Framework Laptop DIY Edition
I recently purchased (and, of course, received) a Framework Laptop DIY Edition (12th Gen Intel), and decided to jot down my thoughts, experiences, and so on. I will spare most of the details of what the Framework laptop is and represents (you can see their site for that), but in short: it's a thin and light form factor laptop with a focus on modularity, repairability, and upgradeability.
tl;dr: I love it.
Ordering, Shipping, Packaging
I wanted to tinker and supply my own parts, so I ordered the DIY Edition (which arrives mostly assembled) and supplied my own RAM and M.2 storage. I ordered the i7-1260P base system (with AX210 non-vPro WiFi) with no OS, and bought a WD_BLACK 1TB SN850X NVMe M.2 drive and 32GB of Corsair Vengeance RAM off of Amazon to install when everything arrived. The Framework is so modular that you can pick and choose hot-swappable expansion cards that provide standard laptop ports — I picked up two USB-C ports, two USB-A ports, a DisplayPort port, and an HDMI port. I forgot to buy an Ethernet expansion card, but realized too late to get it added to my order, so I had to make a second order for that. A shame, but no big deal.
The package was stuck in customs for 4 or so days (over a weekend). FedEx's customer support is terrible, but that's a different rant — Framework apparently eventually resolved whatever the issue was. Framework support over email was very helpful, albeit with a bit more latency than I'd prefer, in both the Ethernet card issue and the customs issue, and before too long I received my laptop and all my stuff.
The laptop and cards arrived in a nicely-designed, uh, suite? of cardboard packaging. Nice compartments for the expansion cards, laptop tray for unboxing, that kind of stuff. Almost every component of the packaging was cardboard, which is nice from a waste footprint perspective. Other than that, I dunno, it came out of the box fine? I'm not an unboxing video person.
Component Installation and Initial Impressions
The laptop opens up via five Torx T5 screws on the bottom. It comes with a screwdriver/spudger, which is nice, and the screws are the kind that stay in the hole so you don't lose them. Once the bottom is unscrewed, the keyboard and touchpad enclosure comes off and the innards are accessible — including, most importantly for my installation, the M.2 and RAM slots. Installing those was the usual deal, and especially for people who might buy the DIY edition, shouldn't be a surprise to anyone. All it took was that and popping in the port adapters, and the laptop was physically complete.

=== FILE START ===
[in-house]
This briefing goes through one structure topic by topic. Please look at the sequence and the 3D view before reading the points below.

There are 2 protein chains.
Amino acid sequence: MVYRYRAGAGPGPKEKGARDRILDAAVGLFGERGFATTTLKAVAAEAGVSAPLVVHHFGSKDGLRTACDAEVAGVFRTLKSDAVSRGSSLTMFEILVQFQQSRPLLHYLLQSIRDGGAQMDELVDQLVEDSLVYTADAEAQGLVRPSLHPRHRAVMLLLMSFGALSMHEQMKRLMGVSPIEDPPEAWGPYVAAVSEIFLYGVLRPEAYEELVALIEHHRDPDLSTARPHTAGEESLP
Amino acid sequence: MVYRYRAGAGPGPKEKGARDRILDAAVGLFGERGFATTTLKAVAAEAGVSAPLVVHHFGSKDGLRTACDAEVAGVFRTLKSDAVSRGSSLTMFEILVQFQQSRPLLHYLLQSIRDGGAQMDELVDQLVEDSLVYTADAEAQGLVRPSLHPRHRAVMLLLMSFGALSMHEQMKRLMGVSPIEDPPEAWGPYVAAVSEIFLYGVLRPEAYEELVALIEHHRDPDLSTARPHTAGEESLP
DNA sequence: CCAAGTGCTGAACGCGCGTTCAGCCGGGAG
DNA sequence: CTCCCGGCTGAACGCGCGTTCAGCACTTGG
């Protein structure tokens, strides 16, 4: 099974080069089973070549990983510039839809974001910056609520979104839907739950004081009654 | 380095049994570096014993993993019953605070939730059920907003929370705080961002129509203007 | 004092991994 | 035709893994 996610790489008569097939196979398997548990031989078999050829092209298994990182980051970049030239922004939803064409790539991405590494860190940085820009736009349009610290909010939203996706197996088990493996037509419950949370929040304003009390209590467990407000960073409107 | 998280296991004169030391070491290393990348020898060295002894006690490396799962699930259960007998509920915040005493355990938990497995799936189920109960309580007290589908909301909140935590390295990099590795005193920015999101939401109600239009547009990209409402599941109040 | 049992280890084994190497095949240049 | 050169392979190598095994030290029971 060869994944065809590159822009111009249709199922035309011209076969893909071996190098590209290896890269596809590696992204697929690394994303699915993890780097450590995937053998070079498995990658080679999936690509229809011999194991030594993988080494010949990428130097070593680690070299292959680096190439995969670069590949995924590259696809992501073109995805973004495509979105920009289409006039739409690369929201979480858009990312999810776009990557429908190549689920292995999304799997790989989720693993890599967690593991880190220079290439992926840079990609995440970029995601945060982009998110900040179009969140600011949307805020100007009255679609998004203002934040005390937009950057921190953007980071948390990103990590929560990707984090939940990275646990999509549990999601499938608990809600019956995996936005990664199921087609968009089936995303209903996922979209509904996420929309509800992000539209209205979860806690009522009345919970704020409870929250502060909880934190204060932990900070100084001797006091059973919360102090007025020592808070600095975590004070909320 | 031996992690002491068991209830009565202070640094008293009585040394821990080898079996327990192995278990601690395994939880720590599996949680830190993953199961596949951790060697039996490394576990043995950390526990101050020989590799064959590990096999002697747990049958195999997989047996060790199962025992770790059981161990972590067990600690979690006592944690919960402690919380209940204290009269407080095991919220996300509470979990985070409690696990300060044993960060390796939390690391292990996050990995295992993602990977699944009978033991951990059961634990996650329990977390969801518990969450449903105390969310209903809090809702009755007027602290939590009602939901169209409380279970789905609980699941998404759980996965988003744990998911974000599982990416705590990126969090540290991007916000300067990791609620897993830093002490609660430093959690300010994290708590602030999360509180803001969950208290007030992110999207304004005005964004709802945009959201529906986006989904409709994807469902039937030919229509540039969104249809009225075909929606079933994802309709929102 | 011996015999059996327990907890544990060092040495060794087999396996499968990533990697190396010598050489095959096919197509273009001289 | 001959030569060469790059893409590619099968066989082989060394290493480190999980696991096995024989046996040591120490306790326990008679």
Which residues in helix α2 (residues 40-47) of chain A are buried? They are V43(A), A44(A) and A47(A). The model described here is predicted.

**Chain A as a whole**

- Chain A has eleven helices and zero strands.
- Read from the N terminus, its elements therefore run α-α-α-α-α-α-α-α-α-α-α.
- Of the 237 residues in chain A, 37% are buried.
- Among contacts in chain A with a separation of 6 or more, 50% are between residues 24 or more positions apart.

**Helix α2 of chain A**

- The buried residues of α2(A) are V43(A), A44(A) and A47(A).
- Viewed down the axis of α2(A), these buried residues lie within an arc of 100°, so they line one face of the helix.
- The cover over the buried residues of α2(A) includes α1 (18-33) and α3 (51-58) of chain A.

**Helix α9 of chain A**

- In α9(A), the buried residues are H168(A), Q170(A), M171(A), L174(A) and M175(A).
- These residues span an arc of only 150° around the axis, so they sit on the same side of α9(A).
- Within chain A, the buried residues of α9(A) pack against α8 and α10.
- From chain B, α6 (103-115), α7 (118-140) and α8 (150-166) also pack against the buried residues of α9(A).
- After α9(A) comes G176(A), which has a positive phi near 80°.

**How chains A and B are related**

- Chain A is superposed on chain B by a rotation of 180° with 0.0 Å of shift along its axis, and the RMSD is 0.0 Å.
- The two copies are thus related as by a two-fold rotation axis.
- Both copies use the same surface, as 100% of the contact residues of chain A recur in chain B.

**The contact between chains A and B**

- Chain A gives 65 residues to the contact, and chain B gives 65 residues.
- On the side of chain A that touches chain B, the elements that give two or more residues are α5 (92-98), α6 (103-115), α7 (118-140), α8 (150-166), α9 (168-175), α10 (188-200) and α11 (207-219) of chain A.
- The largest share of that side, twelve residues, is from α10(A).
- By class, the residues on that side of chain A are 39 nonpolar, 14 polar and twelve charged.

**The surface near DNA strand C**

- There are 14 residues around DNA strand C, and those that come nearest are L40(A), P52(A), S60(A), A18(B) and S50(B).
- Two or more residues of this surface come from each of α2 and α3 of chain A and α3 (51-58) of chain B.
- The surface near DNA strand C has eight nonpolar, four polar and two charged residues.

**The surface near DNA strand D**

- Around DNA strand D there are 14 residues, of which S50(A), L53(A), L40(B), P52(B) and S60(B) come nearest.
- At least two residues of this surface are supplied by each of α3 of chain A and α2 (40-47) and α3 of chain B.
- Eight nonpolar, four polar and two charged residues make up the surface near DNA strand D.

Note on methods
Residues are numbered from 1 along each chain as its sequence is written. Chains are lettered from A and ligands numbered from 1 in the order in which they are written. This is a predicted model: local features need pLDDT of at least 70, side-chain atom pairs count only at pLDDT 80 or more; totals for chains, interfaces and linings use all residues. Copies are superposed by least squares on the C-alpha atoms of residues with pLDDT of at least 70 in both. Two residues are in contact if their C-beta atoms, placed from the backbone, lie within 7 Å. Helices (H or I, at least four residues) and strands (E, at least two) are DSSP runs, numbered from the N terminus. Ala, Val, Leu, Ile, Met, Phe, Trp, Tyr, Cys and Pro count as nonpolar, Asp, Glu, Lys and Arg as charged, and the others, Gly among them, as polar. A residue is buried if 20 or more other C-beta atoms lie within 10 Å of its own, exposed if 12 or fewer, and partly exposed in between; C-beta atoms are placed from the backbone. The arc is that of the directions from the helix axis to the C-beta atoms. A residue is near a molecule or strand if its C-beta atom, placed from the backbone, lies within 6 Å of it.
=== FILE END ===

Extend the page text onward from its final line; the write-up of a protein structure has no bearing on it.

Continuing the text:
Framework provides step-by-step guides for basically any kind of component replacement or repair on their site.
The EFI BIOS can be updated via a USB stick, which is good, because I chose to update it before doing a Gentoo install. The flashing process reboots a couple times and takes a bit of time overall, but it logs what it's doing, which is comforting. The laptop shipped with the latest stable firmware, so this was optional, but a beta firmware adds Thunderbolt 4 compliance, so I went with that while I was tinkering.
Initial impressions on the hardware before booting it up were all solid — the aluminum chassis doesn't have a ton of give to it, even when typing, and the earlier version of the touchpad warranted complaints from some people, but the latest revision feels quite good (though I don't use the clicks much). Not that I plan on subjecting it to much of a beating, it feels like it could take some getting banged around.
The Gentoo Linux install was as painless as a Gentoo Linux install can be. The Intel wireless drivers worked, so nothing
screwy had to be done. The only oddity of the whole installation was that, for an unknown reason, either the wireless
firmware wasn't getting built into the kernel image, or it wasn't getting discovered/loaded properly, so
iwlmvm are loaded as modules.
The vast majority of the Framework laptop just worked normally, so I'll spare all of the configuration there and just point at the Gentoo Wiki Framework page and ArchWiki Framework page as those have all the details. There's also a lot of information from someone named anarcat's review of the 12th gen, but honestly, I didn't run into nearly as many bumps as them.
What follows is some interesting stuff I found or thought to mention.
Without doing anything too aggressive with power management — basically just running